That Time I Didn’t Blog for 6 Months

It’s been a whopping six months since my last post, and before that, I was posting very infrequently. Truth is, I didn’t want to elaborately blog about pregnancy.

Most women who blog jump on the opportunity to document every.single.moment and statistic of their pregnancies. And women like me, we LOVE those blogs. The weekly bump pics, the measurements, the craving updates, the gear reviews. We thrive on those. For those of us waiting and wanting to get pregnant, pregnancy blogs deliver a whole new fascinating world; one that we cannot wait to be part of ourselves. So much to learn and so many new things to experience.

For those of us already pregnant, pregnancy blogs are like the most popular girl in school whom you constantly compared yourself to. Am I bigger than her when I was 23 weeks pregnant? OMG have I gained [not enough] [too much] weight compared to her? Why haven’t I finished my nursery and registry at 13 weeks like her? Gosh, I suck as a mom. It’s total pre-mom guilt.

I am guilty. Of checking one bloggers’ photo log to see how big I would be at a certain point to judge if I should buy a bigger dress for an event or if I was safe to buy the smaller size. That sounds as crazy as it is as I write it.

I am guilty. Of checking one bloggers’ weekly update and comparing them to mine to rationalize my newest pregnancy symptoms and feelings. And on and on the list of guilt could go, but truth is, it’s important and healthy for each pregnant woman to learn as much as she can through whatever means she chooses. And if that’s blogs, then so be it.

Dear Little One

Knowing that I had limited free time, I decided to spend my precious pregnancy moments not writing and sharing it with the world, but rather writing to my little one. That was my number one priority (well, besides eating pizza bread and trying not to throw up). I wanted her to get a glimpse of what her mom and dad were like before she was born. I wanted her to read my words and know just how loved and anticipated she really was.

<Insert pre-mom guilt here>. Of course I didn’t write as much as I wanted to, because wow, was life full, but I did tell her every few weeks what we were up to, gave her advice and told her about her mom and dad before they were “mom” and “dad”, and how much she was loved. I know it’s something she will treasure forever, and so will I.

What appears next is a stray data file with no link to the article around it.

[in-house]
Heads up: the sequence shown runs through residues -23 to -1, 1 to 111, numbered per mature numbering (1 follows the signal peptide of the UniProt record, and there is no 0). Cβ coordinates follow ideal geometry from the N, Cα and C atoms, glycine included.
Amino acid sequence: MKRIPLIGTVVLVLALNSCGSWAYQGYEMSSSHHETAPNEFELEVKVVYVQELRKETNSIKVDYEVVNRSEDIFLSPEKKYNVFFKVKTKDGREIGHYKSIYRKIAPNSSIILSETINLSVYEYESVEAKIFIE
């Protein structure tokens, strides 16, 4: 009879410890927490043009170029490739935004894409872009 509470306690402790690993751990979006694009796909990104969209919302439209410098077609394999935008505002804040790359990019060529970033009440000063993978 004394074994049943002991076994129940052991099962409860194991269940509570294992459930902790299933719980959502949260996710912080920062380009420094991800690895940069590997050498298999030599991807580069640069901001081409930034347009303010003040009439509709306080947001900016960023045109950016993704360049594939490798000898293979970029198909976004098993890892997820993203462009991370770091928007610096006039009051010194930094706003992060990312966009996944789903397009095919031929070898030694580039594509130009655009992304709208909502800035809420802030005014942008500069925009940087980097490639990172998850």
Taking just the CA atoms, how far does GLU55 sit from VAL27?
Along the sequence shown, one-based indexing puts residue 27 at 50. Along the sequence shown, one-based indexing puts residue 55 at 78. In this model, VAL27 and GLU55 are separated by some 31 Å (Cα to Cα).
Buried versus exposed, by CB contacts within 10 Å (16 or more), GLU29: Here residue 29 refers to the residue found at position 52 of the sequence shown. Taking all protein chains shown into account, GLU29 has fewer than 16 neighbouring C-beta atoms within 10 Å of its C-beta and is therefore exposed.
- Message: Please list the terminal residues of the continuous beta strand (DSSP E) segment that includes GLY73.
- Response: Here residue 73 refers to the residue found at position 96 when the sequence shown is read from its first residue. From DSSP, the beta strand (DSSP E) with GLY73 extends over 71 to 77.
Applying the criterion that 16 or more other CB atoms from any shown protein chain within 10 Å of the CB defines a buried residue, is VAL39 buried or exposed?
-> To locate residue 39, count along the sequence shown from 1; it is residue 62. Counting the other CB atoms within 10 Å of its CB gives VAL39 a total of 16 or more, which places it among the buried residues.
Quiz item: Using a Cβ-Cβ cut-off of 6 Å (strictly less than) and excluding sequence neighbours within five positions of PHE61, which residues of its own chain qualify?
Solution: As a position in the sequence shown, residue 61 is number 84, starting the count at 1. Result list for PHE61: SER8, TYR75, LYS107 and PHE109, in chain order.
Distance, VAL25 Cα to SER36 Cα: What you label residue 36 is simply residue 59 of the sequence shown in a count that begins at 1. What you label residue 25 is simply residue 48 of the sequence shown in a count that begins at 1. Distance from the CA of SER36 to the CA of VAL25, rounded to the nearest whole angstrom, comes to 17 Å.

Here I am, five weeks post-partum. I wrote a few long letters to our little one about her birth and her first month. I plan to publish “blog appropriate” versions as I do believe in privacy. In the meantime, here’s one post to sum up my pregnancy. Disclaimer: Please don’t compare yourself to me. Comparison will only drive you CRAZY (or crazier).

Acceptance and Adjusting

Pregnancy (and of course actually taking care of a newborn, as I’m quickly learning) is all about Acceptance and Adjusting. I had a hard time with a few major changes along the way. I would hit a wall, come to terms that this was the new normal, and then embrace the change. Just when I got used to one thing, there was another one right around the corner.

Because it’s easy to feel overwhelmed with all the new things you need to learn about your own body and how to care for a baby, I recommend concentrating on one at a time. First, I paid the most attention to all the changes my own body was going to experience and took care of myself. Then, I focused on all the gear and “stuff” we would need for baby. And finally, I focused on learning about labor & delivery, breastfeeding, and other baby basic needs.

I like to break pregnancy into three phases. While they are not limited to the trimesters we are ever so diligently tracking, they do roughly ladder up to them.

Phase 1: Get Excited

For those of you who were in a sorority, you’ll appreciate this phrase. Everyone always says “Get Excited!” This applies to things that actually warrant excitement like, say, having your first baby, telling your spouse you’re pregnant (the sweetest moment ever), the doctor confirming your pregnancy, your first (and second and third) ultrasounds, telling your mom you’re pregnant, telling your best friends, and so on and so on. This really is the most exciting part of pregnancy in the truest sense of the word. However, “Get Excited” also applies to those not-so-favorite moments in the beginning, and hence, it’s used in complete sarcasm.

Nausea: “Get Excited!”

Headaches (and you can only take weak Tylenol when you’re used to 4 Advil): “Get Excited!”

Thirst (note this did not end for me): “Get Excited!”

Peeing ten times as much as you thought humanly possible: “Get Excited!”

Complete and utter exhaustion: “Get Excited!”

Disgust for all things that resemble a salad or other healthy food: “Get Excited!”

Hot. Just being totally, utterly hot. In November: “Get Excited!”

Craving for something so bad, getting it, then not having the stomach to actually eat it: “Get Excited!”

My advice: Take care of you. Eat whatever you want / can. Do not feel guilty about it. You are not ruining your baby by eating pizza bread and Zaxby’s four nights a week while your husband is out of town. Tell him you are eating all organic vegetables, lean meat and fruit and at least your thoughts will rub off on your unborn. Come home after work, get in your PJs, Google all the weird symptoms or thoughts you had that day, pin some cute stuff on your nursery board, and go to bed. That is life and it’s amazing. On the weekends, workout because soon you may not be able to…more on that later.